On the 3rd and 4th November, Lucian Plessner and the Philharmonisches Orchester Plauen-Zwickau performed Stephen Dodgson’s Concerto No. 2 for Guitar and Chamber Orchestra, a work very close to his heart. Here he tells us more about his experience and the back story of the concerto.
“I don’t remember exactly which year the CBS Masterworks record featuring Stephen Dodgson’s 2nd guitar concerto was released with John Williams and the ECO under Sir Charles Groves. I asked Sony, but they couldn’t find out either. It must have been in the late 1970s or early ’80s. I do remember very clearly though that my copy didn’t stay on the shop’s shelf for long but was quickly taken to my house and often played three or four times repeatedly. I was stunned. This concerto proved the guitar to be a top rank solo instrument in the world of classical music – this piece could absolutely compete with the great violin or piano concertos. I was a student at around 20 then and had no idea where the guitar would take me, but my ambition to be the soloist in this work was born.
It was John Williams then who helped me to contact Stephen Dodgson (thank you John!). So I called Stephen and he provided me with a wrapped parcel containing the orchestra score, piano reduction, solo part and in addition a string quartet with guitar, all originals in his hand writing. The full score of the concerto was full of a conductor’s pencil marks. I assume it served either for the premiere with the Hallé Orchestra, Manchester, or the recording with the ECO.
Much much later, in 2012, I eventually met Stephen and we went through his two guitar concertos. Stephen generously recommended me as soloist in the pieces, which I hoped it would help to launch the concerto to the stage. Possibly it did.
Interesting and fascinating is the development you can detect between Stephen’s two guitar concertos. The first concerto follows the conventional three movement pattern, and it is certainly inspired by some grand solo-concertos, mainly, I think, the Sibelius violin concerto, with its quiet floating opening of the strings and the solo instrument subsequently entering with simple long notes at the beginning, then building up long melodic lines, as well as rhythmical patterns – both recalling the nature of violin bowing. The second concerto speaks a totally different language by revealing the guitar’s unique characteristics and potential like no guitar concerto did before. You cannot imagine this piece being played by any other instrument. Not the violin, not the piano nor any wind instrument would work convincingly with this piece. There is no other inspiration leading the composer’s quill but the guitar itself. This piece is GUITAR, guitar at its best, sophisticated but typically guitar. This concerto displays more of the guitar’s unique idiom than the Aranjuez concerto does.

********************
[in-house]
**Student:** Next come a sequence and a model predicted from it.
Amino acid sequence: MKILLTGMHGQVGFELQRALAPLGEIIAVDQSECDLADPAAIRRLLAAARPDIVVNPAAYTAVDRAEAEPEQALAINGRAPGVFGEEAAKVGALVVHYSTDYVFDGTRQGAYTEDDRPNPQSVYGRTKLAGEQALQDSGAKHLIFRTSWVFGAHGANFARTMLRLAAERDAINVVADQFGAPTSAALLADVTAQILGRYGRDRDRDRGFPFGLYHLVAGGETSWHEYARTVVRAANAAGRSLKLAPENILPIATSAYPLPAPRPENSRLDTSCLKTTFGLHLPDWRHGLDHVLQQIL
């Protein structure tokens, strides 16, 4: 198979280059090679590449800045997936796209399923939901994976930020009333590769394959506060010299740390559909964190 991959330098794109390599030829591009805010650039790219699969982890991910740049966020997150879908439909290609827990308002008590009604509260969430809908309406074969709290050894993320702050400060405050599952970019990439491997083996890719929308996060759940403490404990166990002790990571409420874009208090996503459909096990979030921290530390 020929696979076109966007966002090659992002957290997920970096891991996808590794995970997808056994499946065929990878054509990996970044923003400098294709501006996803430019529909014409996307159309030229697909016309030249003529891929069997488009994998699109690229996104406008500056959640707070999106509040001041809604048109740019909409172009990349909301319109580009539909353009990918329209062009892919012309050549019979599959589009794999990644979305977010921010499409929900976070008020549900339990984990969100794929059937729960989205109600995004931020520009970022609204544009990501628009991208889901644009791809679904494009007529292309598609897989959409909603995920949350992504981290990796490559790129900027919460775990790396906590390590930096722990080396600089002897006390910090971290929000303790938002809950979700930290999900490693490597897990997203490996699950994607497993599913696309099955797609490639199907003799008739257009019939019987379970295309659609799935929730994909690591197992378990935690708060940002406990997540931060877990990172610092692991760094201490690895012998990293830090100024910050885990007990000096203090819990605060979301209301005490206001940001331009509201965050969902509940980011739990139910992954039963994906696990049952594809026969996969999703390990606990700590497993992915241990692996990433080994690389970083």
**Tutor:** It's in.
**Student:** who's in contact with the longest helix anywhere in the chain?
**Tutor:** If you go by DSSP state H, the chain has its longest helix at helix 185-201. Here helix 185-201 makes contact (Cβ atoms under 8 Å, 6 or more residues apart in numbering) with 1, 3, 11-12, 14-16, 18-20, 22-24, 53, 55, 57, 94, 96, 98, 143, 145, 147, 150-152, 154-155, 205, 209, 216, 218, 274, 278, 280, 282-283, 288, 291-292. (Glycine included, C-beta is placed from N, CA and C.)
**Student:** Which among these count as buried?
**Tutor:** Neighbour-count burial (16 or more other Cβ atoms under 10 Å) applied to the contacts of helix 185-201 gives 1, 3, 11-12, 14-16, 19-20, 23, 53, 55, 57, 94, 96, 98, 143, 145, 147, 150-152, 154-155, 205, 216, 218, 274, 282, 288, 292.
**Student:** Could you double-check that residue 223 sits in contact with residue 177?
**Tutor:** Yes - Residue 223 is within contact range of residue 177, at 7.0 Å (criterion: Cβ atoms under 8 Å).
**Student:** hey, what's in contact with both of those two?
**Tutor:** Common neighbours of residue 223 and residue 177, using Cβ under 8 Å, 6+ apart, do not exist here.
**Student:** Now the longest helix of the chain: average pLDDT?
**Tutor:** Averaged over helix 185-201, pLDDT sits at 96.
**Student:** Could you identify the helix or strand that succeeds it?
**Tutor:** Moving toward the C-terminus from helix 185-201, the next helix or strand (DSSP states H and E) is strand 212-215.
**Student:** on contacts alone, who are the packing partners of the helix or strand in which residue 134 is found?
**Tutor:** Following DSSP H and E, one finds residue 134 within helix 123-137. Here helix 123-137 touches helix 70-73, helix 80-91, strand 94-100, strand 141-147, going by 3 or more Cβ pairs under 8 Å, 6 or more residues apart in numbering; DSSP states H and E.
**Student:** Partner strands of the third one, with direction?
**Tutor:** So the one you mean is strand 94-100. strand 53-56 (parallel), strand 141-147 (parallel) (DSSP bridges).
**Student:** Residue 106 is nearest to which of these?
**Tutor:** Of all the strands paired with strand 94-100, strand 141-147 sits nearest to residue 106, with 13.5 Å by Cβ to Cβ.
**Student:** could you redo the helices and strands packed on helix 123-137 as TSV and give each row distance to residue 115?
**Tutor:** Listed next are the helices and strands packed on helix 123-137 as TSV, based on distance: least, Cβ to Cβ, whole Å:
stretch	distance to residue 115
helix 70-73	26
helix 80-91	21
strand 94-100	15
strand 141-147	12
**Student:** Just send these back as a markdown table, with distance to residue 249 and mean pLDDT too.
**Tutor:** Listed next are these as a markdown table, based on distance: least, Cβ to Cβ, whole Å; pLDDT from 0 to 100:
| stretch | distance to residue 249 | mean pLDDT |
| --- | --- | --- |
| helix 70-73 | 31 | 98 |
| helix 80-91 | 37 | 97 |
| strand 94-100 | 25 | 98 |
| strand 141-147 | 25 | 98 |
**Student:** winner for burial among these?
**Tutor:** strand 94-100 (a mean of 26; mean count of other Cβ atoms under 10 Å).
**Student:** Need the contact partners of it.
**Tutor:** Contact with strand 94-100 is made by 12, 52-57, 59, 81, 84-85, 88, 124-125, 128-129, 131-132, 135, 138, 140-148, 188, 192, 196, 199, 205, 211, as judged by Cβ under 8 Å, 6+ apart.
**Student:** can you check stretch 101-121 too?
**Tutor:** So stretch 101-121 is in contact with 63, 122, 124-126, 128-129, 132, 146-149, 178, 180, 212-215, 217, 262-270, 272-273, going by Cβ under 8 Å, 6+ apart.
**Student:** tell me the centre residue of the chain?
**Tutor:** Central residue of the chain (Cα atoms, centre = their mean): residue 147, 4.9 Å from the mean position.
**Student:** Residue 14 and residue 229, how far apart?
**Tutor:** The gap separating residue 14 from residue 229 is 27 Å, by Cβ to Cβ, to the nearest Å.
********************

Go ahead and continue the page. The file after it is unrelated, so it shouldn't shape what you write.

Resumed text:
Of course Stephen was privileged when he wrote the piece: he had John Williams! John’s career had reached its peak. He was still young but already internationally acclaimed. He had worked with some of the great conductors and record companies. He had made a name of himself in the international music world. This kind of success and reputation must not be underestimated. It gives a talented musician the necessary self-esteem which encourages him to follow his own path, to do things his way. John wanted to go his own way. He had separated from his teacher Andrés Segovia’s style, which tended to stop a little here and a little there simply because the d-sharp on the third string sounds so nice, making ensemble work difficult. John had worked with chamber musicians and orchestras, he had decided to participate in the international symphonic game, and so had focused on the necessary requirements as a musician. Not to forget the fact that he was a guitarist of then unknown technical ability. It is obvious that Stephen was inspired by John’s guitar playing. By the way I do believe that apart from rescuing Agustín Barrios’ legacy (which had by then disappeared in limbo), showing the world that guitar concertos are a substantial part of the symphonic repertoire may be seen as John’s greatest merit, last but not least with the recording of this concerto.